for a set of constants or `sim_cdf_prob`

for a vector of simulated data). The empirical cdf can also be graphed for ordinal data. In the case of pdfs or actual data values, the target distribution can be overlayed on the graph. This target distribution can either be an empirical data set, or a distribution specified by name (`Dist`

plus up to 4 parameters) or by a user-supplied pdf `fx`

with support bounds. See `plot_sim_pdf_theory`

for names of `Dist`

inputs. The graphing functions work for invalid or valid power method pdfs. They are `ggplot2`

objects so designated graphing parameters (i.e. line color and type, title) can be specified by the user and the results can be further modified as necessary.

`plot_cdf`

plots the theoretical power method cumulative distribution function \(\Large F_p(Z)(p(z)) = F_p(Z)(p(z), F_Z(z))\), given a set of constants. If`calc_prob`

= TRUE, it will also calculate the cumulative probability up to a user-specified`delta`

value, where \(\Large sigma * y + mu = delta\) and \(\Large y = p(z)\).`plot_sim_cdf`

plots the empirical cdf \(\Large Fn\) of simulated continuous, ordinal, or count data (see`ggplot2::stat_ecdf`

). If`calc_cprob`

= TRUE and the variable is continuous, the cumulative probability up to a user-specified y-value (`delta`

) is calculated (see`sim_cdf_prob`

) and the region on the plot is filled with a dashed horizontal line drawn at \(\Large Fn(delta)\).`plot_pdf_ext`

plots the theoretical probability density function \(\Large f_p(Z)(p(z)) = f_p(Z)(p(z), f_Z(z)/p'(z))\), given a set of constants, and the target pdf calculated from a vector of external data. Unlike in`plot_pdf_theory`

, the vector of external data is required. If the user wants to plot only the theoretical pdf,`plot_pdf_theory`

should be used with`overlay`

= FALSE.`plot_pdf_theory`

plots the theoretical probability density function \(\Large f_p(Z)(p(z)) = f_p(Z)(p(z), f_Z(z)/p'(z))\), given a set of constants, and the target pdf (if`overlay`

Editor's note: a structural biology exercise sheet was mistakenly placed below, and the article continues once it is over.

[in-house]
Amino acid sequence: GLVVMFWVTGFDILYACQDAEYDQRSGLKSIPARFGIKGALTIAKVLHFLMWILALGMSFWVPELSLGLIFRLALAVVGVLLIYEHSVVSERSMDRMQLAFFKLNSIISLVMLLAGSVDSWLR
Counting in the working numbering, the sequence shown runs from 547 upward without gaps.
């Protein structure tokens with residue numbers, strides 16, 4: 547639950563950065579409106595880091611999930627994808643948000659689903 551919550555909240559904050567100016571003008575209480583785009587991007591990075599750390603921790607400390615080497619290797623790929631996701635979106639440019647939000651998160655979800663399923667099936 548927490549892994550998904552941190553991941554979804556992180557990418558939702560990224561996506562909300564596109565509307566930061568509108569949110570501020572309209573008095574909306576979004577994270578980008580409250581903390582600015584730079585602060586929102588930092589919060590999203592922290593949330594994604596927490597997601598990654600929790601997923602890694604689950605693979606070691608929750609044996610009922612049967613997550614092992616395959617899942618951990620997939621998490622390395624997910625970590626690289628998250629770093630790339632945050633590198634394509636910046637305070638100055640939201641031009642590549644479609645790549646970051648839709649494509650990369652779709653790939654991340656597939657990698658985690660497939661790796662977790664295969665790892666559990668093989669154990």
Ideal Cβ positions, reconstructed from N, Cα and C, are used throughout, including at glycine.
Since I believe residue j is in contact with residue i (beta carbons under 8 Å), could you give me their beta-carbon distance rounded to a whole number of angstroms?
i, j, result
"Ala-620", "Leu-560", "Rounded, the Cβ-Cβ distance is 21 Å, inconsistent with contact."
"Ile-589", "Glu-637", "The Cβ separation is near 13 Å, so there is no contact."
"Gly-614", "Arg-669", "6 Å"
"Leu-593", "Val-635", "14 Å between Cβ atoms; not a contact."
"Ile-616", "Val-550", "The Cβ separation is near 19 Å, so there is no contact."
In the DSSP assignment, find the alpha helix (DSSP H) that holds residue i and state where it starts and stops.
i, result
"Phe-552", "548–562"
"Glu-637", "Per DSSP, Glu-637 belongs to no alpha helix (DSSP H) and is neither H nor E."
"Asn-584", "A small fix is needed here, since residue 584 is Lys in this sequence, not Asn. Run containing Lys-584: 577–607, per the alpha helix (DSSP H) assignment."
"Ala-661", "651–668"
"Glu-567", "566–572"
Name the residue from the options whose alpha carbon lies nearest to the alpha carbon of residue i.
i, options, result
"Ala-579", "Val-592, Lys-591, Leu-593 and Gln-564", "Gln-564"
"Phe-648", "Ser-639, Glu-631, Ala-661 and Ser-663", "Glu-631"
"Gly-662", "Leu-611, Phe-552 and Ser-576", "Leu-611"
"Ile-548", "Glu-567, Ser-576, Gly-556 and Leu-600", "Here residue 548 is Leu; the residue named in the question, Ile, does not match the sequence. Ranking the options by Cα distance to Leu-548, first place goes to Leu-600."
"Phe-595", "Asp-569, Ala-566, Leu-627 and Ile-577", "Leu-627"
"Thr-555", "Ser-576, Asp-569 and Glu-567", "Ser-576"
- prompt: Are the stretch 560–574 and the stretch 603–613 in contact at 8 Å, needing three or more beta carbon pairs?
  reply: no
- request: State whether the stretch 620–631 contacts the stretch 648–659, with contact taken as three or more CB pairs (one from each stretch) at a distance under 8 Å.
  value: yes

= TRUE), given either a continuous distribution name and parameters or a user-supplied pdf`fx`

(bounds set equal to bounds of simulated data).`plot_sim_ext`

plots simulated continuous or count data and overlays external data (both as histograms). Unlike in`plot_sim_theory`

, the vector of external data is required. If the user wants to plot only the simulated data,`plot_sim_theory`

should be used with`overlay`

= FALSE.`plot_sim_pdf_ext`

plots the pdf of simulated continuous or count data and overlays the target pdf computed from a vector of external data. Unlike in`plot_sim_pdf_theory`

, the vector of external data is required. If the user wants to plot only the pdf of simulated data,`plot_sim_pdf_theory`

should be used with`overlay`

= FALSE.`plot_sim_pdf_theory`

plots the pdf of simulated continuous or count data and overlays the target pdf (if`overlay`

= TRUE) specified by distribution name and parameters or by pdf fx (bounds set equal to bounds of simulated data).`plot_sim_theory`

plots simulated continuous or count data and overlays data (if`overlay`

= TRUE) randomly generated from a target distribution specified by name and parameters or by pdf`fx`

(bounds set equal to bounds of simulated data). Both distributions are plotted as histograms. If the target distribution is specified by a function`fx`

, it must be continuous.

These would not ordinarily be called by the user.

`calc_final_corr`

calculates the final correlation matrix.`separate_rho`

separates a target correlation matrix by variable type.

Barbiero, A, and P A Ferrari. 2015. “Simulation of Correlated Poisson Variables.” *Applied Stochastic Models in Business and Industry* 31: 669–80. doi:10.1002/asmb.2072.

Carnell, Rob. 2016. *Triangle: Provides the Standard Distribution Functions for the Triangle Distribution*. https://CRAN.R-project.org/package=triangle.

Fleishman, A I. 1978. “A Method for Simulating Non-Normal Distributions.” *Psychometrika* 43: 521–32. doi:10.1007/BF02293811.

Headrick, T C. 2002. “Fast Fifth-Order Polynomial Transforms for Generating Univariate and Multivariate Non-Normal Distributions.” *Computational Statistics and Data Analysis* 40 (4): 685–711. doi:10.1016/S0167-9473(02)00072-5.

Headrick, T C, and R K Kowalchuk. 2007. “The Power Method Transformation: Its Probability Density Function, Distribution Function, and Its Further Use for Fitting Data.” *Journal of Statistical Computation and Simulation* 77: 229–49. doi:10.1080/10629360600605065.

Headrick, T C, and S S Sawilowsky. 2002. “Weighted Simplex Procedures for Determining Boundary Points and Constants for the Univariate and Multivariate Power Methods.” *Journal of Educational and Behavioral Statistics* 25: 417–36. doi:10.3102/10769986025004417.

R Core Team. 2018. *R: A Language and Environment for Statistical Computing*. Vienna, Austria: R Foundation for Statistical Computing. https://www.R-project.org/.

Yee, T W. 2018. *VGAM: Vector Generalized Linear and Additive Models*. https://CRAN.R-project.org/package=VGAM.